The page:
The National Law Forum

The Blog of the The National Law Review

Protecting Your Brand in the New .XXX Top-Level Domain

Recently posted in the National Law Review an article written by atttorneys  Lee J. EulgenAntony J. McShane and Katherine Dennis Nye of Neal, Gerber & Eisenberg LLP regarding  ICANN’s established procedures for the use of .XXX as a new top-level domain :

 

The Internet Corporation for Assigned Names and Numbers (ICANN) recently established procedures for the use of .XXX as a new top-level domain (TLD) like .COM, .NET, and .ORG. However, unlike those other TLDs, .XXX has been designed to clearly signal adult content on the Internet. Given the connection between .XXX and adult content, many brand owners outside the adult industry have reasonable concerns about protecting their name and brand from use with the .XXX TLD.

In part to allay some of these fears, the company behind .XXX, ICM Registry, has created a sunrise period, which has just opened, to help protect brand owners from the use of their trademarks with the .XXX TLD. Between Sept. 7 and Oct. 28, 2011, trademark owners that are not in the adult industry can “reserve” their trademark for a one-time fee of approximately $250. For example, if the fictional ABC Company owns a U.S. federal trademark registration covering the mark ABC, it could reserve www.abc.xxx so that no one else can register or use that domain name for at least the next 10 years.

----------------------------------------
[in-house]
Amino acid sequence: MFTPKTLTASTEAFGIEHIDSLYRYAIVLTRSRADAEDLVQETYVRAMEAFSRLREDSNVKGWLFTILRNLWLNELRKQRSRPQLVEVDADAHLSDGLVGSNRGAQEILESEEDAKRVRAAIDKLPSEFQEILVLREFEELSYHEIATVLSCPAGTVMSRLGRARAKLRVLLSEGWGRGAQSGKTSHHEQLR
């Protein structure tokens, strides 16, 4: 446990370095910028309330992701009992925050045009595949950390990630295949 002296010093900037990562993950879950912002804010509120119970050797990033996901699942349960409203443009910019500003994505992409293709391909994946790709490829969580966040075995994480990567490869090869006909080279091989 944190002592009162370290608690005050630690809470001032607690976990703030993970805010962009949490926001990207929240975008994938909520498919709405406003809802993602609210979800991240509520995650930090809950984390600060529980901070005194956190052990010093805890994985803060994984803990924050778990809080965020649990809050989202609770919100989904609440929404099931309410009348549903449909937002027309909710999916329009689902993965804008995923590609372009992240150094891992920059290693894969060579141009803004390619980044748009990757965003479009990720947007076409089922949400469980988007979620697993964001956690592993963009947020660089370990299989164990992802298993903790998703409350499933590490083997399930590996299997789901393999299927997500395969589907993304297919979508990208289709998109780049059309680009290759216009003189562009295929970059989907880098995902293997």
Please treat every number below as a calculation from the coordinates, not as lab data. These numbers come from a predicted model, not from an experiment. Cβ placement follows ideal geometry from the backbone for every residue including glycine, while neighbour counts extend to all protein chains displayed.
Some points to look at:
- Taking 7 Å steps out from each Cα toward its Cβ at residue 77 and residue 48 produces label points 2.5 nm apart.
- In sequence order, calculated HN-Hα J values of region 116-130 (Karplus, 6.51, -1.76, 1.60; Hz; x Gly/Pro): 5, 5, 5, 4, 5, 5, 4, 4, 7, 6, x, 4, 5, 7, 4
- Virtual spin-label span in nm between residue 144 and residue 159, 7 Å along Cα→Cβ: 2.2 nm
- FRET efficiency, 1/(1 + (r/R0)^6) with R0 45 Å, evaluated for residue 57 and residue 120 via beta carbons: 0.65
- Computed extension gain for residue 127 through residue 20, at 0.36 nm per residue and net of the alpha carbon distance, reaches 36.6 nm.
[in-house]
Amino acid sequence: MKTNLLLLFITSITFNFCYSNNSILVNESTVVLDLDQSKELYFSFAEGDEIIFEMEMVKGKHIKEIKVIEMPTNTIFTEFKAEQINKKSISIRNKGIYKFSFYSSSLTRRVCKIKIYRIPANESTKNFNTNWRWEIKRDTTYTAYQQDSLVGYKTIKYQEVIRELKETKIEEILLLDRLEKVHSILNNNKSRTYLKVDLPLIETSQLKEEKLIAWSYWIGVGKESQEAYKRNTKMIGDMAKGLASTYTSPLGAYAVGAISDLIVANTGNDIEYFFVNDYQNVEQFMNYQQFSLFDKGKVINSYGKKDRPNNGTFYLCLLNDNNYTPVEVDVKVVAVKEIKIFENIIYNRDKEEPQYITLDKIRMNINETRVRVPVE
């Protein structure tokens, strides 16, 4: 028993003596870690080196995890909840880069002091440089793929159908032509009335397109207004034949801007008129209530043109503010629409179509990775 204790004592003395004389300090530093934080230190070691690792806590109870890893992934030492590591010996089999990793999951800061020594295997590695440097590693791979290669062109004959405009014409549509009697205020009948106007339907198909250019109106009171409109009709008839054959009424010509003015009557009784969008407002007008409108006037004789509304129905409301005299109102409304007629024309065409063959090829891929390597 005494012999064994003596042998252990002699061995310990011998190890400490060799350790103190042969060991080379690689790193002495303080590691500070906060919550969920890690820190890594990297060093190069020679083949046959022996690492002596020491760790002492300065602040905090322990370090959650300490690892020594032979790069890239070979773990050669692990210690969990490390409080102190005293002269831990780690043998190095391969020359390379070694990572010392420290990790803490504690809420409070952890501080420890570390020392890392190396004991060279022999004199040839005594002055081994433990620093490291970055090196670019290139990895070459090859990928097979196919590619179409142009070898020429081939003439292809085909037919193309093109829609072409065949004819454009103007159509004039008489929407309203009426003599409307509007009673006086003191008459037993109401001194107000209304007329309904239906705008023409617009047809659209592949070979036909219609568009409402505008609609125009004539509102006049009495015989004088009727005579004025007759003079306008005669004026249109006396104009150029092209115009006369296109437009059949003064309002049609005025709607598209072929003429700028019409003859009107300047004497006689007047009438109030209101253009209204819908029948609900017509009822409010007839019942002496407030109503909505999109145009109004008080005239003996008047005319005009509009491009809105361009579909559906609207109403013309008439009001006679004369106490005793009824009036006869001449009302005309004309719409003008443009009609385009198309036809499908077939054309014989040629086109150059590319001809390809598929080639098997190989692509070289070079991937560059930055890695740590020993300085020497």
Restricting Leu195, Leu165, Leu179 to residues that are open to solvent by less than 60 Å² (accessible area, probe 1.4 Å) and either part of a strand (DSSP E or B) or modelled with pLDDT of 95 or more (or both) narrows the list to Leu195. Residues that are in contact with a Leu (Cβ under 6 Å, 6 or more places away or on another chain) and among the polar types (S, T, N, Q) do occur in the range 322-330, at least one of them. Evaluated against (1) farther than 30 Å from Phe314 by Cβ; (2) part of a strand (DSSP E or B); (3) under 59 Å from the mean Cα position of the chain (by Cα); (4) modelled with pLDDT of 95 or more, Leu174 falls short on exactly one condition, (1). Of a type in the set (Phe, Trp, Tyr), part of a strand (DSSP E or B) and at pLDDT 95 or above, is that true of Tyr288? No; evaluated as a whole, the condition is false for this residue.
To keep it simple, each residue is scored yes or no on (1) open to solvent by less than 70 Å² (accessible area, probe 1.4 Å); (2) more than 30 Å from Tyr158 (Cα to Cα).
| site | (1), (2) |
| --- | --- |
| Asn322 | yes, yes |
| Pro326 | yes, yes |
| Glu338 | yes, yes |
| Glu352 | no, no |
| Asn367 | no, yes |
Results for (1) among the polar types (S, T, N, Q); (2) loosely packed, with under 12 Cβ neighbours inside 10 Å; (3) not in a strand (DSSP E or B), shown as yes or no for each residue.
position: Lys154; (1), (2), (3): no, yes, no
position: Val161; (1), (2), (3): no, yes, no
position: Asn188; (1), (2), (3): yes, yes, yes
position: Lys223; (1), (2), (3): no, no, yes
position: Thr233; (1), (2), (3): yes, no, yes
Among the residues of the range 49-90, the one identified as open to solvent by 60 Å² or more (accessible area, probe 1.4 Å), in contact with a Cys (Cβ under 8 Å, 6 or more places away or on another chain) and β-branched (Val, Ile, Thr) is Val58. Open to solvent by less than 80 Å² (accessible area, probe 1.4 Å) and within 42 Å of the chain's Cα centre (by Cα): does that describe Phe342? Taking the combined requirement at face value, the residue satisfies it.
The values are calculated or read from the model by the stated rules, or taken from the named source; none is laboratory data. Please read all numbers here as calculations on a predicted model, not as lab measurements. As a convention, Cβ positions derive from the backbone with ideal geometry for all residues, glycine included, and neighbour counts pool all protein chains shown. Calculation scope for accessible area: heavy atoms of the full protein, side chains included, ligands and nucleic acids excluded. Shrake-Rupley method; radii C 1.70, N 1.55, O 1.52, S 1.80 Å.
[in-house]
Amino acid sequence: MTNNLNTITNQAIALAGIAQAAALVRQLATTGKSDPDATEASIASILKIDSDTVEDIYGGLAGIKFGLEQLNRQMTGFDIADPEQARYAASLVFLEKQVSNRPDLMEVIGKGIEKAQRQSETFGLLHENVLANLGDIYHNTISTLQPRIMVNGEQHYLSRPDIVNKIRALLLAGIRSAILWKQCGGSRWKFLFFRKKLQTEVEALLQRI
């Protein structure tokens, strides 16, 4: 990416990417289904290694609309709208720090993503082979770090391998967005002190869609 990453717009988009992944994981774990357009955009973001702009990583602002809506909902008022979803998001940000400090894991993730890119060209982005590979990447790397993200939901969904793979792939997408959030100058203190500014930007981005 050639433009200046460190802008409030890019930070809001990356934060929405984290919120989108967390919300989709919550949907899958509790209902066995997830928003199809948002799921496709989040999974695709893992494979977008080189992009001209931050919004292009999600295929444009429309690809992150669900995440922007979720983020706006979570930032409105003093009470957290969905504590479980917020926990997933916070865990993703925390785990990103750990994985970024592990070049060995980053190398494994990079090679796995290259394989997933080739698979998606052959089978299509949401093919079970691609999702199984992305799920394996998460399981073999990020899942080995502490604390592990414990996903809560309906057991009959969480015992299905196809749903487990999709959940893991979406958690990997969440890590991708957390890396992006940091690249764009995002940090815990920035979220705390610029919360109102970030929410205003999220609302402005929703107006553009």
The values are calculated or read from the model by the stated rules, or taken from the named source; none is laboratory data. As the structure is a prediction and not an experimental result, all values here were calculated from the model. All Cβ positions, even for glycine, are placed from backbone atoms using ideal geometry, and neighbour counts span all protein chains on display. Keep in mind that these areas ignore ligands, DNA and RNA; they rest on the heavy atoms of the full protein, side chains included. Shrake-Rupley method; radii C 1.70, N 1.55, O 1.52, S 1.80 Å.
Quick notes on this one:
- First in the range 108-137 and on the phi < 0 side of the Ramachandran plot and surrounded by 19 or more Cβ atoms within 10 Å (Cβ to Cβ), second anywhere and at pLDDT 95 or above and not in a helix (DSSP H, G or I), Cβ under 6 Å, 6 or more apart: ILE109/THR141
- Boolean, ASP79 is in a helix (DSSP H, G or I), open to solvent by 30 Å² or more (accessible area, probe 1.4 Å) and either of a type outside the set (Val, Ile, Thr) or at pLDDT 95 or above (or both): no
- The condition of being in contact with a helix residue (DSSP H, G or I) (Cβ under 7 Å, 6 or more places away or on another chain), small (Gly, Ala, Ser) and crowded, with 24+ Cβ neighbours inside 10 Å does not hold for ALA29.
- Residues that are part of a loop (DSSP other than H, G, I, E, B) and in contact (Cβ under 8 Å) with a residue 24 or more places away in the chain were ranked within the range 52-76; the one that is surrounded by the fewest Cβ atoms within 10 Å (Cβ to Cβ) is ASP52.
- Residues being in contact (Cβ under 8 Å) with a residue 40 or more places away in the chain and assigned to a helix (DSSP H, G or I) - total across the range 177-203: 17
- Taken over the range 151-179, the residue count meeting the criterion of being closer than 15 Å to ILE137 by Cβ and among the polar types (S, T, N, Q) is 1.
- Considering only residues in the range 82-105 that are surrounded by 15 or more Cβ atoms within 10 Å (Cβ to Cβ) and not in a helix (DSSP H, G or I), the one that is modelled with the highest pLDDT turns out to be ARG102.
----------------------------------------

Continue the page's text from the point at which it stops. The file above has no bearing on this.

One important exception to the reservation process is that if two trademark owners both own the same mark, the one that wants to actually register and use the .XXX domain will prevail over the one that simply wants to reserve the same domain. For example, assume the fictional Acme Adult Magazine and Acme Family Restaurant both own U.S. federal trademark registrations for the mark ACME. If the restaurant applies to reserve www.acme.xxx and the magazine applies to register the same domain, ICM Registry will permit the magazine to register and use the domain, and the restaurant will lose its reservation fee.

Failure to reserve important trademarks during this sunrise period could have serious consequences. Most fundamentally, failure to reserve .XXX domain names corresponding to your trademarks could of course lead to undesirable usage of your marks in connection with domain names corresponding to adult web sites. Although brand owners may be able to recover .XXX domain names from others who register and use those domains in bad faith – just as brand owners can in domain name disputes over .COM or .ORG domains – the damage to a brand may be greater from misuse of a trademark in connection with the .XXX TLD by an adult content site than from misuse with another TLD. Furthermore, regardless of what TLD is at issue, the process of forcibly obtaining a domain name through legal means can be expensive. Thus, trademark owners should consider carefully whether reserving their marks during the .XXX sunrise period makes sense for their brands. 

© 2011 Neal, Gerber & Eisenberg LLP.

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